If the past decade in the Middle East had to be defined in one word, it would be instability. At some point, Iraq was our greatest problem, then came Iran's nuclear program, and now the world has its eyes fixed on Syria, a country so unstable that it exports instability to Europe. The Syrian refugee crisis's role in the United Kingdom's withdrawal from the European Union, or Brexit, is a case in point.
The power vacuum and a seemingly endless civil war in Syria place the national security of regional powers, including Turkey, at risk. Today, Turkey is home to 3 million refugees and also considers the growing power of the Syrian PKK affiliate Democratic Union Party (PYD) a threat to its interests. At the same time, DAESH continues to thrive on the instability in Iraq and Syria, among other places, to create chaos. Iran's sectarian aggression in Syria, Iraq and Yemen coupled with the Kremlin's interference in the Syrian civil war, add to tensions.
Finding themselves tangled in regional problems are countries like Turkey, Saudi Arabia, Qatar and Israel. In recent years, all four countries turned to the United States, traditionally their closest ally, to shelter them from the storm, only to realize that U.S. President Barack Obama's administration was too busy trying to make new friends in the neighborhood. Instead of de-escalating the situation in Syria, the White House bent over backward to strike a deal with President Vladimir Putin of Russia, Bashar Assad's main sponsor. Obama's single focus on DAESH frustrated the State Department, as U.S. support for PKK militants in Syria strained relations with Ankara. Finally, the Iran nuclear deal angered Saudi Arabia and Israel.
The most recent developments in the Middle East have forced regional powers to take matters into their own hands and find an alternative to their dependence on Washington for security. In order to contain the Syrian crisis and prevent Iran's expansionism, American allies in the region are taking unmistakable steps to settle their disputes. Instability has become so widespread that it compels regional powers to cooperate more closely to get things back on track. Turkey, Qatar, Saudi Arabia and Israel, in particular, are slowly moving to form an alliance of stability in the Middle East.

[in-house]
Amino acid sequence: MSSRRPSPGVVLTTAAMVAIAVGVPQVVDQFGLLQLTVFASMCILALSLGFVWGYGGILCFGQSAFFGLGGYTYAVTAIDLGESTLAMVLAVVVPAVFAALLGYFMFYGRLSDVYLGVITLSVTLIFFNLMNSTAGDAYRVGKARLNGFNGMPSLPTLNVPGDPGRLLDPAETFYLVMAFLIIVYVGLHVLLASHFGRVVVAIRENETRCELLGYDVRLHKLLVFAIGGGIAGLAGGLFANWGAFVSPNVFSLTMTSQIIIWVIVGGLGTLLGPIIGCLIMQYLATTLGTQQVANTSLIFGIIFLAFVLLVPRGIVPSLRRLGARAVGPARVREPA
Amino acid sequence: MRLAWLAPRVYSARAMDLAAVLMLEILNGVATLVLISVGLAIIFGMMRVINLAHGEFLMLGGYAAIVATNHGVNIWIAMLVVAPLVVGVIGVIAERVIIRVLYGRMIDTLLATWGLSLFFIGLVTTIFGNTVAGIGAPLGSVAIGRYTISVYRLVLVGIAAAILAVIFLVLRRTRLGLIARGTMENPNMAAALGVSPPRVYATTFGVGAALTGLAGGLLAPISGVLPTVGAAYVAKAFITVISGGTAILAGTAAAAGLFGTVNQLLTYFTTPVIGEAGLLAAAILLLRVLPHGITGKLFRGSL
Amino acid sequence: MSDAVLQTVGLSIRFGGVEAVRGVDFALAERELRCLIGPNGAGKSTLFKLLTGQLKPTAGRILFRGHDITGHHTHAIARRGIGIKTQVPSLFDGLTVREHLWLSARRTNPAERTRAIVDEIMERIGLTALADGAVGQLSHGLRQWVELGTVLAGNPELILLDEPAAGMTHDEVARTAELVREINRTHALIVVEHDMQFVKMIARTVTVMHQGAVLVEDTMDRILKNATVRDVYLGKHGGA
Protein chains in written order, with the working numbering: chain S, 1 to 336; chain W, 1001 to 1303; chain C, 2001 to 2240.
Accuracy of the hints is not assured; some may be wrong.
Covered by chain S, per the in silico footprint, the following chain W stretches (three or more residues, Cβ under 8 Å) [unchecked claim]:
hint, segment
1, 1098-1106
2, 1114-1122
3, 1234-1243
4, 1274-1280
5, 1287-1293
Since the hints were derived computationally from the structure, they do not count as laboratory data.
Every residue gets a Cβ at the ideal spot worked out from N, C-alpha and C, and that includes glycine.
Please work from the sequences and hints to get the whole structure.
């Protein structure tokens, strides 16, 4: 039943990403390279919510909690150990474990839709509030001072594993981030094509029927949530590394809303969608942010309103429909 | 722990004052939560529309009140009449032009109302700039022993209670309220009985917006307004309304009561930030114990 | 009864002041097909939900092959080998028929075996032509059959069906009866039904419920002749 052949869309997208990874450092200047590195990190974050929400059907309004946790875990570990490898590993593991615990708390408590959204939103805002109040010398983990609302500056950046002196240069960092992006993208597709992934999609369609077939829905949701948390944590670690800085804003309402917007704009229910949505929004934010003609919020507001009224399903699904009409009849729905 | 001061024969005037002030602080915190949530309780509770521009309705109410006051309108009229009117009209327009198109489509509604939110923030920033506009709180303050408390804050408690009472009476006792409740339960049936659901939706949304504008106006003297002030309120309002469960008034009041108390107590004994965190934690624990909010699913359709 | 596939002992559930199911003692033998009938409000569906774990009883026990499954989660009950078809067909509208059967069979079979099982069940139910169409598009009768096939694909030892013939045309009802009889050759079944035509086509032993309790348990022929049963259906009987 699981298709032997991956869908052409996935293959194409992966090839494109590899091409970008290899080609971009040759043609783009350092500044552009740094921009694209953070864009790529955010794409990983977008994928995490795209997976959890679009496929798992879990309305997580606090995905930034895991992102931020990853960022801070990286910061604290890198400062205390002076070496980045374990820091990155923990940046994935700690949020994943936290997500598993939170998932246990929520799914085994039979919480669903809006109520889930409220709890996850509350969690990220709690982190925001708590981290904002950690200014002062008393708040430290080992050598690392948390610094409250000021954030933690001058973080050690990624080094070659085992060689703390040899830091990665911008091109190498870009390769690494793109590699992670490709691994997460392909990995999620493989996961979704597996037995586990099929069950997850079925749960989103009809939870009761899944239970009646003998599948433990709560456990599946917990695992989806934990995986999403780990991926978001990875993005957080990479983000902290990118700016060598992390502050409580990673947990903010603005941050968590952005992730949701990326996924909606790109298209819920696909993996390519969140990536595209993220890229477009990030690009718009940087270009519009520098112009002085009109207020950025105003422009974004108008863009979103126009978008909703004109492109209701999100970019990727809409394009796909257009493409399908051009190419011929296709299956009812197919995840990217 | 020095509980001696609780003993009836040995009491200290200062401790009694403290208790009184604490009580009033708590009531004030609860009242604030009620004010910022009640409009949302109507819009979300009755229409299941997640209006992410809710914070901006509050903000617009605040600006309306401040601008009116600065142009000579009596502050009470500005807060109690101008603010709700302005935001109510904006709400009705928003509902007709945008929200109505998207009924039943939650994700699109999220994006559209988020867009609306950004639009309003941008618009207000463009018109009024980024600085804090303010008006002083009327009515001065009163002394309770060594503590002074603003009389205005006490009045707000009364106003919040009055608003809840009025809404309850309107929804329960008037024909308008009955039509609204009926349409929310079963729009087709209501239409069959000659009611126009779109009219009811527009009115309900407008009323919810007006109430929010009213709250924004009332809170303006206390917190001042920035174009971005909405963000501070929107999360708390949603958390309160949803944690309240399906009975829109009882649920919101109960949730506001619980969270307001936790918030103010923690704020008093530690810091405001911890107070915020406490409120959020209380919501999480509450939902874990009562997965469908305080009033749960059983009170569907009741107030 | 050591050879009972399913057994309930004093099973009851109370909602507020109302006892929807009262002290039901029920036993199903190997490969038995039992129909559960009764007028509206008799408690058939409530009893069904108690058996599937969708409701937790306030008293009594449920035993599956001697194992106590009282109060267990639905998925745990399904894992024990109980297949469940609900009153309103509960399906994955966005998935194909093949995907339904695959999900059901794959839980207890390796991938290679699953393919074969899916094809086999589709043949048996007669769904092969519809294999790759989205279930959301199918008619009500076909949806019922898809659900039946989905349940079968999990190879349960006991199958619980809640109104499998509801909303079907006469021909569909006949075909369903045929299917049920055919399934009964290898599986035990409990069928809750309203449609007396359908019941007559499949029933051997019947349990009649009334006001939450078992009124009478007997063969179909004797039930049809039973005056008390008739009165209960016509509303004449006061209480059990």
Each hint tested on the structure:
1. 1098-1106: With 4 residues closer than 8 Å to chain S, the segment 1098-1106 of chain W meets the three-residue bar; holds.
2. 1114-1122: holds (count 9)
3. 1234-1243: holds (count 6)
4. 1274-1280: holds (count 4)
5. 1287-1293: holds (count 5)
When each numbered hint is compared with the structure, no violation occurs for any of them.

Turkey and Qatar have been close allies for the past decade. Both nations share the same opinion on the military coup in Egypt, the situation in Syria and Iranian expansionism. Turkey's relations with Saudi Arabia have quickly recovered from tensions caused by vast disagreements on Egypt's 2013 military coup as King Salman revised his predecessor's foreign policy. At the same time, Turkey and the United Arab Emirates quietly restored diplomatic relations earlier this year by appointing ambassadors.
But it is quite clear that the real game changer in the Middle East will be normalization between Turkey and Israel. Ankara's relations with Tel Aviv suffered major setbacks in the wake of Israel's deadly assault on humanitarian relief workers aboard the Mavi Marmara. After lengthy negotiations, Israel accepted Turkey's terms, even though no official announcement had been made when today's paper went to press. In 2013, Israeli Prime Minister Benjamin Netanyahu had apologized for his country's actions under pressure from Obama. On Sunday, Turkey and Israel met in Rome to strike a deal on compensation to be offered to the families of the Mavi Marmara raid victims. Finally, the two governments found a middle ground on the Gaza blockade to secure the uninterrupted flow of humanitarian aid from Turkey to the Gaza Strip. The Turkey-Israel deal serves two purposes: While Israel outsourced humanitarian assistance to Turkey, Ankara opened a humanitarian corridor to Gaza and accomplished the freedom flotilla's historic mission.
Normalization between Turkey and Israel, coupled with Ankara's close cooperation with Qatar and Saudi Arabia, signal a new balance of power in the Middle East. According to unconfirmed reports, there is a seat at the table reserved for Egypt, whose continued crimes against democracy and open hostility to Doha and others raise questions about Egyptian President Abdel-Fattah el-Sissi's foreign policy skills. Whether or not Egypt will finally join the alliance of stability remains to be seen.